South Africa has achieved high levels of mobile penetration, running at over 150% with an average of around 2.2 SIMs per unique subscriber. Almost half of all mobile users are either 3G or 4G enabled and the GSM Association estimates that at the end of 2014 there were around 22 million mobile internet users in South Africa. However the release of 4G spectrum by the regulator ICASA, together with more efficient 800Mhz spectrum that is often referred to as digital dividend, has been delayed so far and timelines remain uncertain. Furthermore, completion of the ongoing digital migration programme is not expected before 2016, so utilisation of digital dividend spectrum in the short-term seems unlikely. While limited 4G connectivity is offered by the mobile network operators through re-farming of their existing spectrum, unavailability of 4G spectrum remains a challenge for efficient mobile broadband delivery.
Fixed line access in South Africa has been in decline for some time. The World Bank estimates that there are currently around seven phone lines per 100 inhabitants. The Broadband Commission meanwhile puts South Africa’s fixed internet penetration at around 3.1 subscribers per 100 inhabitants, which equates to approximately 1.7 million. While this is an improvement from the 2013 figure of around 2.2 subscribers per 100 inhabitants, this ranks South Africa 106th on a global scale and well below the global average of 9.4 subscribers per 100 inhabitants.
The fixed line broadband market is dominated by the incumbent Telkom, which has an extensive backbone network and is the sole provider of copper based access. There are several other fixed wireless broadband providers, notably Neotel, Comsol and Amobia, and there are also a number of smaller fibre-to-the-home players such as Vumatel, Fibrehoods, Link Africa and 123net that have emerged within the last year. These providers are aiming to capture broadband opportunities by meeting the demand of communities for reliable and affordable connectivity. Some communities have run tender processes to identify service providers who understand their requirements and are capable of providing a moral commitment of service uptake. This could be seen as a clear indication of the demand for reliable and affordable broadband in South Africa.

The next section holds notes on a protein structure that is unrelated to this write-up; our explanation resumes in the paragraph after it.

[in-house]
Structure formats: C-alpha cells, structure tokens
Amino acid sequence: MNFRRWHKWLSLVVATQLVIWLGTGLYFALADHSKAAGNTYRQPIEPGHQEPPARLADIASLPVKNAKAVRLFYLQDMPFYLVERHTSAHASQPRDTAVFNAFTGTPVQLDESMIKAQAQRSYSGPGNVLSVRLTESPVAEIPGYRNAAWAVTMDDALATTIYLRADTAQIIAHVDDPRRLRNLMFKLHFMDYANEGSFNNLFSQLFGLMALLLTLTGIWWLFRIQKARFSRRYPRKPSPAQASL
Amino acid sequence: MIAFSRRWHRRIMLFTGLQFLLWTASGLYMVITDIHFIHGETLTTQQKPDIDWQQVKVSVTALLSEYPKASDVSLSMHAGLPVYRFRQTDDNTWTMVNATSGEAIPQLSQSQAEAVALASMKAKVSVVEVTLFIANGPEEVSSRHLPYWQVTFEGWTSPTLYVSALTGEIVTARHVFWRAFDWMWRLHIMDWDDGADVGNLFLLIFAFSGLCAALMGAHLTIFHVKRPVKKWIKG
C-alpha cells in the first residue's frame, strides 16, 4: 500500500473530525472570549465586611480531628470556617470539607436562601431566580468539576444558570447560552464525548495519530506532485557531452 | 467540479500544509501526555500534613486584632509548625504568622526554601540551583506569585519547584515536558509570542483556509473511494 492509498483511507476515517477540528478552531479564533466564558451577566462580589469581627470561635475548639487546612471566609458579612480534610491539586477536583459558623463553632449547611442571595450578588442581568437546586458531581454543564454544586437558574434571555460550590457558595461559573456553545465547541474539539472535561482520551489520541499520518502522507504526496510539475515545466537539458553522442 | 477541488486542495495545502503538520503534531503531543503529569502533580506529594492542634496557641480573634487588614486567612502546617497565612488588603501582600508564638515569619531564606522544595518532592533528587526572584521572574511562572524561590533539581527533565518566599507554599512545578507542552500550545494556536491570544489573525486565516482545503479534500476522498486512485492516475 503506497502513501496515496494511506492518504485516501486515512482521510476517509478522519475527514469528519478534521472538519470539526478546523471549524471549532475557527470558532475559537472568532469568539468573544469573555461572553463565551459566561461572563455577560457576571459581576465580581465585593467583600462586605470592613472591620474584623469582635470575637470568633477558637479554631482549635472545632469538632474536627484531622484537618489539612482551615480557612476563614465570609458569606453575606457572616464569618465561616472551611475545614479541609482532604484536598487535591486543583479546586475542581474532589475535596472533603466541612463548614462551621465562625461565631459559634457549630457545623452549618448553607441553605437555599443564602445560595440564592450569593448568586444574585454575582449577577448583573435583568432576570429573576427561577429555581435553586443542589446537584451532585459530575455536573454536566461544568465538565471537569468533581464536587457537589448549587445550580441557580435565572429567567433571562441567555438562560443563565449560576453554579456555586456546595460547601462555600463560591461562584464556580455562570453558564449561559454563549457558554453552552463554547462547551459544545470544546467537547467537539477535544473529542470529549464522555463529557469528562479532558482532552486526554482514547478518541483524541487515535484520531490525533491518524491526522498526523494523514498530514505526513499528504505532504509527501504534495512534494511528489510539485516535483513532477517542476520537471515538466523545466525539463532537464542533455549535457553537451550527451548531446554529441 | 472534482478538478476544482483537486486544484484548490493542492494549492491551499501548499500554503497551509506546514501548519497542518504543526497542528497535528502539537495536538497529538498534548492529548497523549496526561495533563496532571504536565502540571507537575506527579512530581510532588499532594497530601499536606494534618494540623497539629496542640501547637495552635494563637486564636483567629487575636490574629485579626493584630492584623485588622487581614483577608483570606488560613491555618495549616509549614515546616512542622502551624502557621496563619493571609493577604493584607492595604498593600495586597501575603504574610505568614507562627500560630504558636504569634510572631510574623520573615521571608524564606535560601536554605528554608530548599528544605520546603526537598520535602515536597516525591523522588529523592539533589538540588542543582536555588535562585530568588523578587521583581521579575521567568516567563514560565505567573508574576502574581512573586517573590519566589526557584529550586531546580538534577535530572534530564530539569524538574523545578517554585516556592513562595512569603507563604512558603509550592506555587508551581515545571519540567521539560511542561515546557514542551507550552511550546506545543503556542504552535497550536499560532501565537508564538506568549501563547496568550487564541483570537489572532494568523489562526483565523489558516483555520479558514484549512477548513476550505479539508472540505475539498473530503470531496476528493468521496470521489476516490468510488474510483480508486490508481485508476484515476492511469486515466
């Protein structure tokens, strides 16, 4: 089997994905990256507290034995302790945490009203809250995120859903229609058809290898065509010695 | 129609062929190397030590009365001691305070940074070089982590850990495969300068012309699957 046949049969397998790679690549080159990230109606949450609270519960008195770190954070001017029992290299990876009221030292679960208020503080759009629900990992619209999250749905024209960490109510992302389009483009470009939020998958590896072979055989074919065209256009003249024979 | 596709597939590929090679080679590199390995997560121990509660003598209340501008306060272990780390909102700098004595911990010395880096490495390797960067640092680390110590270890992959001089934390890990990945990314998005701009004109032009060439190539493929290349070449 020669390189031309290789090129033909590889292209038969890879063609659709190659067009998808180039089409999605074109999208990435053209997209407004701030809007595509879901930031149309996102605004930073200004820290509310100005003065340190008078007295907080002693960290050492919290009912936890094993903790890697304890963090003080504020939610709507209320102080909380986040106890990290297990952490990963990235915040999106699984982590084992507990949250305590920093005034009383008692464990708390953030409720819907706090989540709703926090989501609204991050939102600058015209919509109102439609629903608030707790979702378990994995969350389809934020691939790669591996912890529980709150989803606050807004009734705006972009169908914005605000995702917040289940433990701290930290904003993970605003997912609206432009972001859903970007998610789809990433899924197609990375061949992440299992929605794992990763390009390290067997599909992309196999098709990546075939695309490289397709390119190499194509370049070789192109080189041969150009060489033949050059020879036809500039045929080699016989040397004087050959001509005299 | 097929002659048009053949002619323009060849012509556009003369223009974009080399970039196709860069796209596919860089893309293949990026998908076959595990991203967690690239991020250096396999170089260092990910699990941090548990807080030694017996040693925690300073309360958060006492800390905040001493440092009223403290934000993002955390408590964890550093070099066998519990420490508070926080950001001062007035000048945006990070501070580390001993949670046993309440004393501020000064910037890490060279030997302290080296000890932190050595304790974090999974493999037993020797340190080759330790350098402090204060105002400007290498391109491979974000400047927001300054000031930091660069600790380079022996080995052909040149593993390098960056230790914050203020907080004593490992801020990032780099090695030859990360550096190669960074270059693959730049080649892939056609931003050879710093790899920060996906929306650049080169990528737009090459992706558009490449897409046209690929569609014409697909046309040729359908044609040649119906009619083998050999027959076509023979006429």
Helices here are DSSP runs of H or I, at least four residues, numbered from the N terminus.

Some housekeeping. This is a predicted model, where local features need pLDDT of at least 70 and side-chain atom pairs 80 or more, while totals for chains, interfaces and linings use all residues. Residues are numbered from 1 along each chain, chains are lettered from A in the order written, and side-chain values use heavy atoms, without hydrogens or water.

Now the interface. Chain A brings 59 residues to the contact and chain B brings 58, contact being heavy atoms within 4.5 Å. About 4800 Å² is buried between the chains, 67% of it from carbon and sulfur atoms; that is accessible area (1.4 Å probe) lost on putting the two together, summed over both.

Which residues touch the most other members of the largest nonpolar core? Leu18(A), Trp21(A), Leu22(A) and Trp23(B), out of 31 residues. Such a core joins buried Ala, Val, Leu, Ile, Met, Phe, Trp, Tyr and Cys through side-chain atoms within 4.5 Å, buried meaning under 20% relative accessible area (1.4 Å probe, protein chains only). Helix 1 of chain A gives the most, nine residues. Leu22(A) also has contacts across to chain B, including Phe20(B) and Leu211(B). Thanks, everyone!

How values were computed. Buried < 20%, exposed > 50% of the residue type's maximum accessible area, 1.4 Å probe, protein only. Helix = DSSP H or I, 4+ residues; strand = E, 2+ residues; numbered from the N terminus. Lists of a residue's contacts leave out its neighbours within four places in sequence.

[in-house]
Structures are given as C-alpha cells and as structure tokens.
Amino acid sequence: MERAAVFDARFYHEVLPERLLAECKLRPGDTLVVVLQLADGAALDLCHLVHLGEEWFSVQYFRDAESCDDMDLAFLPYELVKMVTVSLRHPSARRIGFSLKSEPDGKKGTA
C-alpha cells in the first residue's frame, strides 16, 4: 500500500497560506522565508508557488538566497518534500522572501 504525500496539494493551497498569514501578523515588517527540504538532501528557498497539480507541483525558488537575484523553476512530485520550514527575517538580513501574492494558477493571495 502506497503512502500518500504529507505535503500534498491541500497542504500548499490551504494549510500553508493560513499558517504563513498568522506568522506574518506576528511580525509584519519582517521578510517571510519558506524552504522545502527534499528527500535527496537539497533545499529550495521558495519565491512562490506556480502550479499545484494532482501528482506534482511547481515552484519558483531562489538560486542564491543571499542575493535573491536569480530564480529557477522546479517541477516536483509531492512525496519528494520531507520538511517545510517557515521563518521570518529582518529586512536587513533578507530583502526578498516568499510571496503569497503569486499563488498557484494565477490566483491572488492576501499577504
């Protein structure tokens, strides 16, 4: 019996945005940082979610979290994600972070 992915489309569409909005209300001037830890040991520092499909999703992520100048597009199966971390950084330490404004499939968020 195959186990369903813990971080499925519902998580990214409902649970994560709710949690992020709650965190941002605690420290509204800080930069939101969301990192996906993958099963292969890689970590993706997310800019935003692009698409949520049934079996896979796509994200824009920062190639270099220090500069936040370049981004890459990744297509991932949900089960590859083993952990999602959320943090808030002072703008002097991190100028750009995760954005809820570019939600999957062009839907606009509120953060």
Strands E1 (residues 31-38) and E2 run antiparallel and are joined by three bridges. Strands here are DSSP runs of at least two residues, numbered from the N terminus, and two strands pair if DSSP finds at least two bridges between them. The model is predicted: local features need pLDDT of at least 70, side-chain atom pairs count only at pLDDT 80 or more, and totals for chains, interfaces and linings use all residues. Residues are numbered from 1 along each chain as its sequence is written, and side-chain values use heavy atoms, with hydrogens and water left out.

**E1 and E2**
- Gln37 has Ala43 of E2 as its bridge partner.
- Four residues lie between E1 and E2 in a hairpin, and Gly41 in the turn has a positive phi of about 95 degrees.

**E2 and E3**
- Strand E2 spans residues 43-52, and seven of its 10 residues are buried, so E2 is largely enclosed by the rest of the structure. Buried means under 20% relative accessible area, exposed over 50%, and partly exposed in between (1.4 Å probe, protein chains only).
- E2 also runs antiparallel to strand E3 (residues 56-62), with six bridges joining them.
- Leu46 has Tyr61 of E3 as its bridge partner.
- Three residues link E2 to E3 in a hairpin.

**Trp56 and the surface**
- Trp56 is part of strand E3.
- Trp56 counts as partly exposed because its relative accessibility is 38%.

Cost
Even when a fibre network is close by, the one-off cost to connect to the subscriber can be high, irrespective of whether it is a fixed or wireless connection. Most cities in South Africa are well spread across a large area with single or double dwelling houses and multi-storey buildings are uncommon, particularly in residential areas. Therefore fixed access will require additional fibre deployment of anywhere between 10-50m to get from any main gate to the main dwelling. On the other hand, wireless solutions also face coverage challenges due to vegetation in residential gardens and distances of dwellings from high sites. Therefore, it requires additional small and micro sites and sometimes customer premise equipment, depending on the technology choice. All these add up to additional cost for the delivery of a reliable broadband service.
Due to the significant costs, commercial roll-out tends to concentrate on those areas of highest population density and wealth. Access to broadband telecommunications, however, is increasingly seen as a human right and a key infrastructure for a modern economy, so extensive coverage is required to maximise the socio-economic benefits of broadband.
Driven by cost challenges, South Africa has seen the emergence of open access infrastructure providers over the last few years. Open access networks enable more affordable service provision as they negate the need to replicate expensive and complicated infrastructure. They provide various new business opportunities to both established service providers, as well as ease the entry of new market players by reducing required capital expenditure significantly. There is also an emerging policy consensus that there should be an open access approach to national broadband infrastructure which has been clearly captured under South Africa’s Connect policy. While open access approach has significant benefits to both end-users and communication service providers, it has to be structured carefully to successfully reap the desired outcomes. Transparency and non-discretionary service delivery are two fundamental success factors for an open access network. Operators failing to demonstrate these key values are likely to end up with expensive yet underutilised networks. Nevertheless, the demand for open access infrastructure seems to be clear. Players such as Teraco at data centre services, FibreCo and Broadband Infraco at long distance, DFA at regional and metro fibre connectivity services, Vumatel, Fibrehoods and Century City Connect at last mile fibre connectivity services, and ATC and Eaton at wireless passive infrastructure services are all good examples of the open access trend in South Africa.
Conclusion
Given the growing demand for reliable and affordable broadband services from consumers and businesses alike, South Africa has the opportunity to leap-frog copper based legacy networks and invest in a mixture of fibre and wireless based technologies to bridge its digital divide. Supported by evolving infrastructure and business models that reduce the cost of service delivery, South Africa can improve its ranking on broadband scoreboards with a little further policy and regulatory support to overcome resource barriers such as spectrum availability, and cost barriers through local loop unbundling.